Earliest Teachable Moment: Personal Safety for Babies, Toddlers, and Preschoolers

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Interactions with infants and young children are like a dance.

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Listen as Janet Gonzalez Mena and other experts discuss using back-and-forth exchanges to meet children's individual needs. Children are busy learning how their needs will be met by the adults who care for them. This Caring Connections podcast looks at the value of predictable routines to help young children build a sense of trust and security. Even the youngest children are able to tell us in a variety of ways what they want and need.

9 Tips for Teaching Your Child About Personal Safety

Caring adults invite infants' opinions and listen when they provide them. When we show babies that their choices are important to us, we teach them self-awareness and self-confidence. This Caring Connections podcast highlights the importance of communicating with infants and toddlers and following their lead as they explore their environment.

These minute in-service suites are a professional development resource for staff in busy, active early childhood centers and programs. They are organized around one topic or big idea and address effective teaching and assessment practices. Topic: Teaching Practices. Keywords: Teacher-child interaction. Resource Type: Article.

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Age Group: Infants and Toddlers. Skip to main content. Teaching Practices. Text4Teachers Text4Teachers supports Head Start and Early Head Start teachers, staff, and others who care for and teach young children in center-based and family child care settings. Framework for Effective Practice The Framework for Effective Practice uses a house to represent the five integral elements of quality teaching and learning for children ages birth to 5 in all program options.

The teachable moment you might be missing

Individualizing Care for Infants and Toddlers Part 1 of this two-part paper focuses on the importance of individualization and includes relevant Head Start Program Performance Standards. Early Essentials Webisode 8: Responsive Interactions Interactions with infants and young children are like a dance. Other good rules include not answering unknown numbers, not sharing or posting inappropriate materials and not participating in cyberbullying.

Let them know that Bark will be monitoring their online interactions and alerting you to any issues they are having, put it in the technology contract along with consequences for not following family rules. This talk could take place as early as elementary and middle school age. Establishing guidelines early on for their digital communication will simultaneously give you as the parent the ultimate authority while allowing the child to take ownership of the rules. This tween age group is encountering multiple forms of technology seemingly all at once.

A key factor in discussing social media safety with a child is not treating social media like it is completely off limits , according to tips from the University of Texas at Austin Center of Identity. Instead, one approach is to walk them through your own social media profiles and create an account with your child. Go over privacy and blocking settings to show them that these settings allow some control in helping to keep them safe online.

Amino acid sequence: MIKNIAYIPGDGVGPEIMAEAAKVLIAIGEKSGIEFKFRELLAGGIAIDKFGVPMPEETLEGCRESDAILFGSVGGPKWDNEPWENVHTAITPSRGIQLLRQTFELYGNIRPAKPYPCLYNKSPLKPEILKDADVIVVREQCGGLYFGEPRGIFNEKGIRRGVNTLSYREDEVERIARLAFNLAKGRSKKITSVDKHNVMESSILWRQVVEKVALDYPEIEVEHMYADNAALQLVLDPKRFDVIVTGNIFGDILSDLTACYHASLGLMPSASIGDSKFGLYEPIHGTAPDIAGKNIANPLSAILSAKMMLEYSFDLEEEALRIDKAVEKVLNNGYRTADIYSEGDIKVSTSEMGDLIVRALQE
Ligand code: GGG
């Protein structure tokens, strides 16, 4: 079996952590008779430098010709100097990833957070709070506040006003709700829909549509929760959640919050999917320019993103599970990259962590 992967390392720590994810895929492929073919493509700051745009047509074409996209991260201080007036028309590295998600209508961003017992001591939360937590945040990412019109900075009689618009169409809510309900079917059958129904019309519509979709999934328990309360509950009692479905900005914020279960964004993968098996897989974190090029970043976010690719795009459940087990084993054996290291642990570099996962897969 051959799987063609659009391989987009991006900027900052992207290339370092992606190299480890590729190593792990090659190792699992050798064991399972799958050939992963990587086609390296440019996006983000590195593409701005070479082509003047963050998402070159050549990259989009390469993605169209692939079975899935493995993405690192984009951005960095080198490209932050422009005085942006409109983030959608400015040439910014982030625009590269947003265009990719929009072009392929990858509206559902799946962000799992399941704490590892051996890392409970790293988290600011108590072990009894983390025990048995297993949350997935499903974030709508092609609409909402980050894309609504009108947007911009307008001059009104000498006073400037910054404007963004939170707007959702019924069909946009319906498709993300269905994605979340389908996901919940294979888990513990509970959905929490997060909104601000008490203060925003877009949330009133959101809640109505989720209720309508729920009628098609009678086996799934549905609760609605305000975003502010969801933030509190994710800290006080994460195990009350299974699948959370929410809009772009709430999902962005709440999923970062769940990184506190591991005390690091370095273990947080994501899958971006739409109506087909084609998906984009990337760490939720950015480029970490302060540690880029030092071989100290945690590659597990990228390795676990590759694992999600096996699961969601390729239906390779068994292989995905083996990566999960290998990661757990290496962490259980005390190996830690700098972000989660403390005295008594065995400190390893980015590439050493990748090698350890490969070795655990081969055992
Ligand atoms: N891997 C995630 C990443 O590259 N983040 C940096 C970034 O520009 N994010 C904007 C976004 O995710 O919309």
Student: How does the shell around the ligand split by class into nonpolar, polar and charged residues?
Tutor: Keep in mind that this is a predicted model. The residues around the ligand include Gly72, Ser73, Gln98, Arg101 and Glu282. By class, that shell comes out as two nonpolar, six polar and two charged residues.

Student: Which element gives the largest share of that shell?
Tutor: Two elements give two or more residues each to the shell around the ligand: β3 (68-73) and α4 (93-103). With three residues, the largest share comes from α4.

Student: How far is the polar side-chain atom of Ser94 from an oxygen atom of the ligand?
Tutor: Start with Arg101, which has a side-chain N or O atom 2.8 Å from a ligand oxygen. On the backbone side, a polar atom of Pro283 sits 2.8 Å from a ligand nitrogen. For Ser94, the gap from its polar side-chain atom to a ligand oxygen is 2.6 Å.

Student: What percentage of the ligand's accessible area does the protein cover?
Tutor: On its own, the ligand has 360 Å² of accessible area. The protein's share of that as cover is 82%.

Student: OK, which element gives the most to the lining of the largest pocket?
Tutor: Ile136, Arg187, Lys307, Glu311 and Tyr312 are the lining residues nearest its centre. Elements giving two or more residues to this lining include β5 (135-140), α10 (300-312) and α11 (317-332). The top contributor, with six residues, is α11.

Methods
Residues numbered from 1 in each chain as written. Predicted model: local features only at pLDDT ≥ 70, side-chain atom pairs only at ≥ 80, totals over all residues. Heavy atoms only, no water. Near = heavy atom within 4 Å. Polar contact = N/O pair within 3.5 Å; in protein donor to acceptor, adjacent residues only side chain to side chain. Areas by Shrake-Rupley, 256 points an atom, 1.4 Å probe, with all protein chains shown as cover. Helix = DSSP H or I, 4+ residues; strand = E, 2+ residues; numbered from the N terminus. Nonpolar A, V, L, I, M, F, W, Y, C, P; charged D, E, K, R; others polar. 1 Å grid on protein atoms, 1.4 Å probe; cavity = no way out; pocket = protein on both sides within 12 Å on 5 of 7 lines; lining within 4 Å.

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Make the learning experience fun as well as simple and concise. Kids should also understand the importance of keeping their online gaming accounts secure. This means choosing not to give login information even to a close friend.

Parents also need to establish boundaries with their child about communicating via video chat or texting, and explain to kids which kind of communication in the gaming world is acceptable. Kids need to understand that what they post online creates a digital footprint — meaning anything they write, like or comment on is creating their long-lasting persona. If you follow your child on social media, and something questionable comes up from another user, ask them about it and gauge their reaction. It seems impossible to know all the possible dangers ahead. We offer technology that help parents work with their kids to keep them safe online and protect against cyberbullying, sexting, and signs of depression and self-harm.

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Any discussion about online behavior should center on cautioning your child, but also letting them know you are always there to help them if anything happens. Telling your kids that they will make mistakes in life, such as sending an inappropriate text, is the most important discussion to have with them, Goldman said. Kids need to know they can come to you.

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  • Entering into this stage of parenting can be a little unsettling, especially knowing the risks involved. One of your biggest defenses as a parent is to model good driving practices to your child while they are still young.

    Distracted driving includes activities such as talking on a cell phone, texting and eating. Dennis and Barbara Rainey, co-founders of FamilyLife, a non-profit corporation, suggest having clear consequences in place if irresponsible driving occurs. For example, a child may be responsible to pay the price of their ticket. Know what you will do before these situations occur and communicate this with your kids from the beginning.